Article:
investigating whether accused killer Lee Harvey Oswald acted alone, has
long been cited as a disinformation effort to divert suspicion from
Moscow. While claiming coincidentally to have just reviewed the KGB’s
files on Oswald, who visited the U.S.S.R. prior to the assassination,
he said he found no evidence of Soviet complicity. Yet Noshenko later
failed two polygraph exams.

Surprisingly, the commission accepted the humint, finding Oswald did
act alone. Some critics believe the failed polygraphs cast questionable
light on the timing of Noshenko’s defection. Likewise, the timing of
Mr. Asgari’s defection must be questioned, coming at a time the
Iranians realized even America’s European allies were losing patience
with Tehran and considering more severe economic sanctions. Blindly
accepting Asgari’s claim is a “pie in the sky” approach to NIE

There are also major concerns about the experience and motivation of the U.S. analysts involved. Newsmax reports it was prepared by inexperienced State Department political and intelligence analysts who, as Democratic Party activists, politicized the assessment. Thus, it was either their political leanings or their inexperience that resulted in
several shortcomings in the NIE.

First, they relied upon humint unvetted by U.S. intelligence agencies.

Second, as pointed out by Iran expert Alireza Jafarzadeh, they failed to focus on actions of the IRGC — the military arm created in Iran by the Ayatollah Ruhollah Khomeini in 1979 to safeguard and export the Islamic Revolution. Mr. Jafarzadeh, who first revealed the existence of Iran’s nuclear weapons program, reports the IRGC holds the keys to the
country’s nuclear weapons program. IRGC leaders who are also nuclear scientists, in collaboration with Iranian universities, are fully committed to achieving what they believe is Tehran’s religious mandate to be so armed.

Yet the NIE makes little mention of the IRGC. Third, the acceptance of Mr. Asgari’s claims Iran’s nuclear weapons program ceased in 2003 conflicts with Iranian purchases two years later of 18 North Korean BM-25 long range, land-mobile missiles that are used to carry nuclear warheads.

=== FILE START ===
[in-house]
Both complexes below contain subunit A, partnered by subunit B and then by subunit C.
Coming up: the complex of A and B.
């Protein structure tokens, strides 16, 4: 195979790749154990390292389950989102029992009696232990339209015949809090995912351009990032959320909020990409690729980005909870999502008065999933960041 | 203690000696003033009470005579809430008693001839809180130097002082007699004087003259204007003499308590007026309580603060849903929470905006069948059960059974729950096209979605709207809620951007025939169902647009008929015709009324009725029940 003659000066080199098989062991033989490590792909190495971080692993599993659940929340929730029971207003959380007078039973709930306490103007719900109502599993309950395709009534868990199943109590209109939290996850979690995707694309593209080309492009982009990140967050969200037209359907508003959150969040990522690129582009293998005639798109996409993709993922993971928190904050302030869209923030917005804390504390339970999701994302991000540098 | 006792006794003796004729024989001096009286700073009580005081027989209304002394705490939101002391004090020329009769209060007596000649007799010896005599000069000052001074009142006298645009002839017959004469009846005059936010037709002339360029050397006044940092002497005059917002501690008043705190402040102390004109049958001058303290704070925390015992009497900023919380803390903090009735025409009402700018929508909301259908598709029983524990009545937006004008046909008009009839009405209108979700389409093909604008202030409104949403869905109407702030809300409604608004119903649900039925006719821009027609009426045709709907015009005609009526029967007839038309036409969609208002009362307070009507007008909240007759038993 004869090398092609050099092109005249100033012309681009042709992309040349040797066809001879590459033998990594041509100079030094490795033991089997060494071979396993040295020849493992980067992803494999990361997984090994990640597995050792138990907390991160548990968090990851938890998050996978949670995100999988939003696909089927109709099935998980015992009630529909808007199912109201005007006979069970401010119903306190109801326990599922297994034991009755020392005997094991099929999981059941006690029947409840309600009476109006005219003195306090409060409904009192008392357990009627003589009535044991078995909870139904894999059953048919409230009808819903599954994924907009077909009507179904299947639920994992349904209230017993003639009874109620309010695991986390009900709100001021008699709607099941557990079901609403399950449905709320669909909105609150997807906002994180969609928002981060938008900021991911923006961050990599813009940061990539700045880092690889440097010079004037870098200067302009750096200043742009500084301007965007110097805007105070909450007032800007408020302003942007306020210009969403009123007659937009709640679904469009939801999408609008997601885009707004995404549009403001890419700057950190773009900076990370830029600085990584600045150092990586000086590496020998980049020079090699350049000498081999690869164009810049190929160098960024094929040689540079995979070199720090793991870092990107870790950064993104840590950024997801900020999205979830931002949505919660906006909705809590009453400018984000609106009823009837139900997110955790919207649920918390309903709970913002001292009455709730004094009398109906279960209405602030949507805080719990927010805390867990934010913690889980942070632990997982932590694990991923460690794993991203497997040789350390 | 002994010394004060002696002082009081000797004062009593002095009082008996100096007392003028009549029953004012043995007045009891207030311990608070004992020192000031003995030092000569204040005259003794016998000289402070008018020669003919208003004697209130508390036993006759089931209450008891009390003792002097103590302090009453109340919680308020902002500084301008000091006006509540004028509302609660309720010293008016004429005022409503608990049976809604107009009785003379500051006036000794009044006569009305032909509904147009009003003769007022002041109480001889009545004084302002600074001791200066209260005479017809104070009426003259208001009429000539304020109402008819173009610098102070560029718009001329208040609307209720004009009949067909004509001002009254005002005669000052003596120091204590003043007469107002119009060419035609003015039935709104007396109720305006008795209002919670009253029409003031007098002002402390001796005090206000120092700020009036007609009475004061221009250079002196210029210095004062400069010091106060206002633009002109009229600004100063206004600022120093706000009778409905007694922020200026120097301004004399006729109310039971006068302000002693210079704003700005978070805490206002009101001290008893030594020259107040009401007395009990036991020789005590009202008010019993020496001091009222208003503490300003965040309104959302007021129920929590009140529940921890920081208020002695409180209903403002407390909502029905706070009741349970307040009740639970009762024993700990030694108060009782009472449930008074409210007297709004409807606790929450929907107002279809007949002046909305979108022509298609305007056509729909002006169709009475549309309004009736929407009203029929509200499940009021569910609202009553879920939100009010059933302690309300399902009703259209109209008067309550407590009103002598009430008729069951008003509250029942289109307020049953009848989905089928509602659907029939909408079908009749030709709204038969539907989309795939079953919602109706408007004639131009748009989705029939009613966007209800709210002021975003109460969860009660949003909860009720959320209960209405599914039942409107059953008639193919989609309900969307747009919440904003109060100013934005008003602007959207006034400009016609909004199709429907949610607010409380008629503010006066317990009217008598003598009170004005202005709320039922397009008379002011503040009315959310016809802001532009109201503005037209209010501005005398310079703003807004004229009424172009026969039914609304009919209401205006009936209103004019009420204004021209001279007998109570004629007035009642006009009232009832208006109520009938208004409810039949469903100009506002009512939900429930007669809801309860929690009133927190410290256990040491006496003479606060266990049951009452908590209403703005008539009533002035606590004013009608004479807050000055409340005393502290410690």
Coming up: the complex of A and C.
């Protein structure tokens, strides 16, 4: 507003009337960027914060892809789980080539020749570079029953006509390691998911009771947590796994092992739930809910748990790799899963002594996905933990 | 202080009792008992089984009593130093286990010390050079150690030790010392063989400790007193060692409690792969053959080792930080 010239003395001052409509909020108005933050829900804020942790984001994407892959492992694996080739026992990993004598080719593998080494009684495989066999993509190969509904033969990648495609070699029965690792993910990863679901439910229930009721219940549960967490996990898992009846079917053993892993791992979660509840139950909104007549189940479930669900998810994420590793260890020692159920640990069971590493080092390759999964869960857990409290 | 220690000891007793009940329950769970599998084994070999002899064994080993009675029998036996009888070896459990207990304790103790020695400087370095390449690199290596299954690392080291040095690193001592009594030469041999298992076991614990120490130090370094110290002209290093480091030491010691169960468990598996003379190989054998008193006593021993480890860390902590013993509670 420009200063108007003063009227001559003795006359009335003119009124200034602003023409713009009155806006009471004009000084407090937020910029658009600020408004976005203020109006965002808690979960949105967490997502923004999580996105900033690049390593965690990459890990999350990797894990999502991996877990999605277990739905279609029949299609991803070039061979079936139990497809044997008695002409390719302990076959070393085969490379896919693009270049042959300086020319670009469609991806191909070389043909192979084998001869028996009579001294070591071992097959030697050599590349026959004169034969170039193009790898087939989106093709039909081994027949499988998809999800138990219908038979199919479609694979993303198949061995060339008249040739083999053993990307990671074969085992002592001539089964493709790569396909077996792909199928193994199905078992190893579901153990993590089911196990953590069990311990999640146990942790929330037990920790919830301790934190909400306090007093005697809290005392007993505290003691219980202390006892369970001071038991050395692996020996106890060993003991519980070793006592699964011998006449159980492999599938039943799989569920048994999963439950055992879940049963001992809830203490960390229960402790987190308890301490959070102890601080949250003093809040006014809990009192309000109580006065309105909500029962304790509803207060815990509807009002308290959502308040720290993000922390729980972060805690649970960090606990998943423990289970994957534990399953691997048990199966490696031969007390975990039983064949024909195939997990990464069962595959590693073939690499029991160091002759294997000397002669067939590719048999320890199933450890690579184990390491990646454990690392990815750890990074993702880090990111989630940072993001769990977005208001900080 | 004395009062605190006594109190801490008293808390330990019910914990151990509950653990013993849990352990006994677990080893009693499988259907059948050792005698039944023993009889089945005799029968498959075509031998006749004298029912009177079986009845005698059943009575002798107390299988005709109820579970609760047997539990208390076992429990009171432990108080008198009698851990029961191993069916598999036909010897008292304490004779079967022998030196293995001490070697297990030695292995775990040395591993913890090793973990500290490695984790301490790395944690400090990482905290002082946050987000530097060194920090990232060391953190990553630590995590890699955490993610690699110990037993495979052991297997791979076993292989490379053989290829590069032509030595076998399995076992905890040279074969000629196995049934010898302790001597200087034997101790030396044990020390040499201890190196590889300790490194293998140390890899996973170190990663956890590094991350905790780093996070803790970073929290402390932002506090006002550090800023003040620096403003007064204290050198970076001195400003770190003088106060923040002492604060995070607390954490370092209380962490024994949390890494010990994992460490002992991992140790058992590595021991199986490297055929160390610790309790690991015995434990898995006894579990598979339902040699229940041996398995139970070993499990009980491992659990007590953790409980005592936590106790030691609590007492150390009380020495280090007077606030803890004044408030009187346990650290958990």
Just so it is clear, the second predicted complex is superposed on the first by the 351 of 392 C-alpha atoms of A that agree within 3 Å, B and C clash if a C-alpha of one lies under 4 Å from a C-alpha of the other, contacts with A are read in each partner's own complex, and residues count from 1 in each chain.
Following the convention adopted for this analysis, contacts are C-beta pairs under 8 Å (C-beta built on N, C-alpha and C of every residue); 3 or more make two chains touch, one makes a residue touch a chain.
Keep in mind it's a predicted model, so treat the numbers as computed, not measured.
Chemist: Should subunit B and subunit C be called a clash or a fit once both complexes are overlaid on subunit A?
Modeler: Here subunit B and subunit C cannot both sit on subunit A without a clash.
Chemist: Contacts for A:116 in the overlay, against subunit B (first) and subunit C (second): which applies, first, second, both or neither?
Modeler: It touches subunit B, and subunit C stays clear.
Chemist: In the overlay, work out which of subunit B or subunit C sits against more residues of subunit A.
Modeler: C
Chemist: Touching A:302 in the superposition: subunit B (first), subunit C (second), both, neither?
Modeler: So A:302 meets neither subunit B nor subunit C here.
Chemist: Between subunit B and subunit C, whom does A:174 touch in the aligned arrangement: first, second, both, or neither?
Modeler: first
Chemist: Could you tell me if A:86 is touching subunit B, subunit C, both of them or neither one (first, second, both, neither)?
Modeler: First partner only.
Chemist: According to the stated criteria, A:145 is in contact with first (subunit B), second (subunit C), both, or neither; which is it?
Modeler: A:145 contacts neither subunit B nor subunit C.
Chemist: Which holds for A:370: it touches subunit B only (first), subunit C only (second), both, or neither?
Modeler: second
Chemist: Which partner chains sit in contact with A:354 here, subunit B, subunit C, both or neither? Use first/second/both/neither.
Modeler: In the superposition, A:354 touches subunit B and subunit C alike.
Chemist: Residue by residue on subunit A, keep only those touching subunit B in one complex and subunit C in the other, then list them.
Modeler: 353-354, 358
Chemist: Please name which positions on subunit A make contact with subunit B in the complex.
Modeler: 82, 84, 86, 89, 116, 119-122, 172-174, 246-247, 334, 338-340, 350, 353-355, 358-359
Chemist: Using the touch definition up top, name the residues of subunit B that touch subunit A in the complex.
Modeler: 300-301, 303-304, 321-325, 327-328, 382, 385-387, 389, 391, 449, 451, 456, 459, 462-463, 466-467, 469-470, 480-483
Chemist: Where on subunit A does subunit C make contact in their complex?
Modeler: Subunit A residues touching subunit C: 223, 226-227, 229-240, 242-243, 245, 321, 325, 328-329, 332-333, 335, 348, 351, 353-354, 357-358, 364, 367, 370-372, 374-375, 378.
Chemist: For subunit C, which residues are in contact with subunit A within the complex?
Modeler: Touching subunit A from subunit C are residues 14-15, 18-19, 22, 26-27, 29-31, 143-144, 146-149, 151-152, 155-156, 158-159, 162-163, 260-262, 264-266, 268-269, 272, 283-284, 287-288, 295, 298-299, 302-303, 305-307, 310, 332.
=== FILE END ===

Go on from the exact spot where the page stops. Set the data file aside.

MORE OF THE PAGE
A post-report concern is the effort just this month by Iran to secretly obtain uranium from Bolivia, through the good offices of Venezuelan strongman Hugo Chavez.

Iranian President Mahmoud Ahmadinejad is a dedicated follower of Khomeini and believes in the ayatollah’s assertion, “Islam makes it incumbent [for believers] to prepare for the conquest of countries so that the writ of Islam is obeyed in every country of the world … [by fulfilling Islam’s mandate to] kill all unbelievers.”

Devout believer Mr. Ahmadinejad has made clear, several times, his intention to wipe the U.S. and Israel off the map. So there should be no doubt his intentions remain focused on obtaining nuclear weaponry with which to make good on his threat.

Against this backdrop of declared Iranian intentions to destroy us, of past questionable U.S. intelligence assessments, of the timing of Mr. Asgari’s defection, of the inexperience and motivations of the analysts, can we afford to put the world at risk by blindly accepting
it? Previously, the U.S. was able to bounce back following flawed intelligence assessments.
But that will not be the case if we are wrong about Iran.

Therefore, the only assessment we can afford to accept is one obtained via verifiable inspection of a nuclear weapons development program Tehran keeps hidden deep beneath the Earth’s surface, while claiming peaceful intent.

James G. Zumwalt, a Marine veteran of the Persian Gulf and Vietnam
wars, is a contributor to The Washington Times.

National Intelligence Estimate 101

Vietnam party chief heads to North Korea

October 16, 2007

By Frank Zeller HANOI (AFP) – Vietnam’s Communist Party chief on Tuesday left for a three-day visit to North Korea as state media stressed Hanoi‘s desire to support peace efforts on the Korean Peninsula.

Nong Duc Manh was joined by Foreign Minister Pham Gia Khiem, who is also deputy prime minister, on the visit at the invitation of North Korean leader Kim Jong-Il, the head of the Korean Workers’ Party.

Kim Jong-il
Kim Jong-il

Vietnam — which is expected to be voted onto the UN Security Council as a non-permanent member later Tuesday — maintains relations with both Pyongyang, a communist ally, and Seoul, a major trade partner and investor.

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Virginia Tech: ‘Least Risky’ Path Raises Risk

September 5, 2007

USA Today
September 4, 2007

In the wake of any tragedy, the natural instinct is to lament that things might have been different if only some danger — obvious in hindsight — had been noticed sooner.

April’s massacre at Virginia Tech University spawned many such musings. If only police hadn’t zeroed in on the wrong suspect after the first two victims were found — more than two hours before 23-year-old Seung Hui Cho opened fire in a classroom building, killing 30 more. If only the campus had been put on alert faster. If only someone else had had a gun.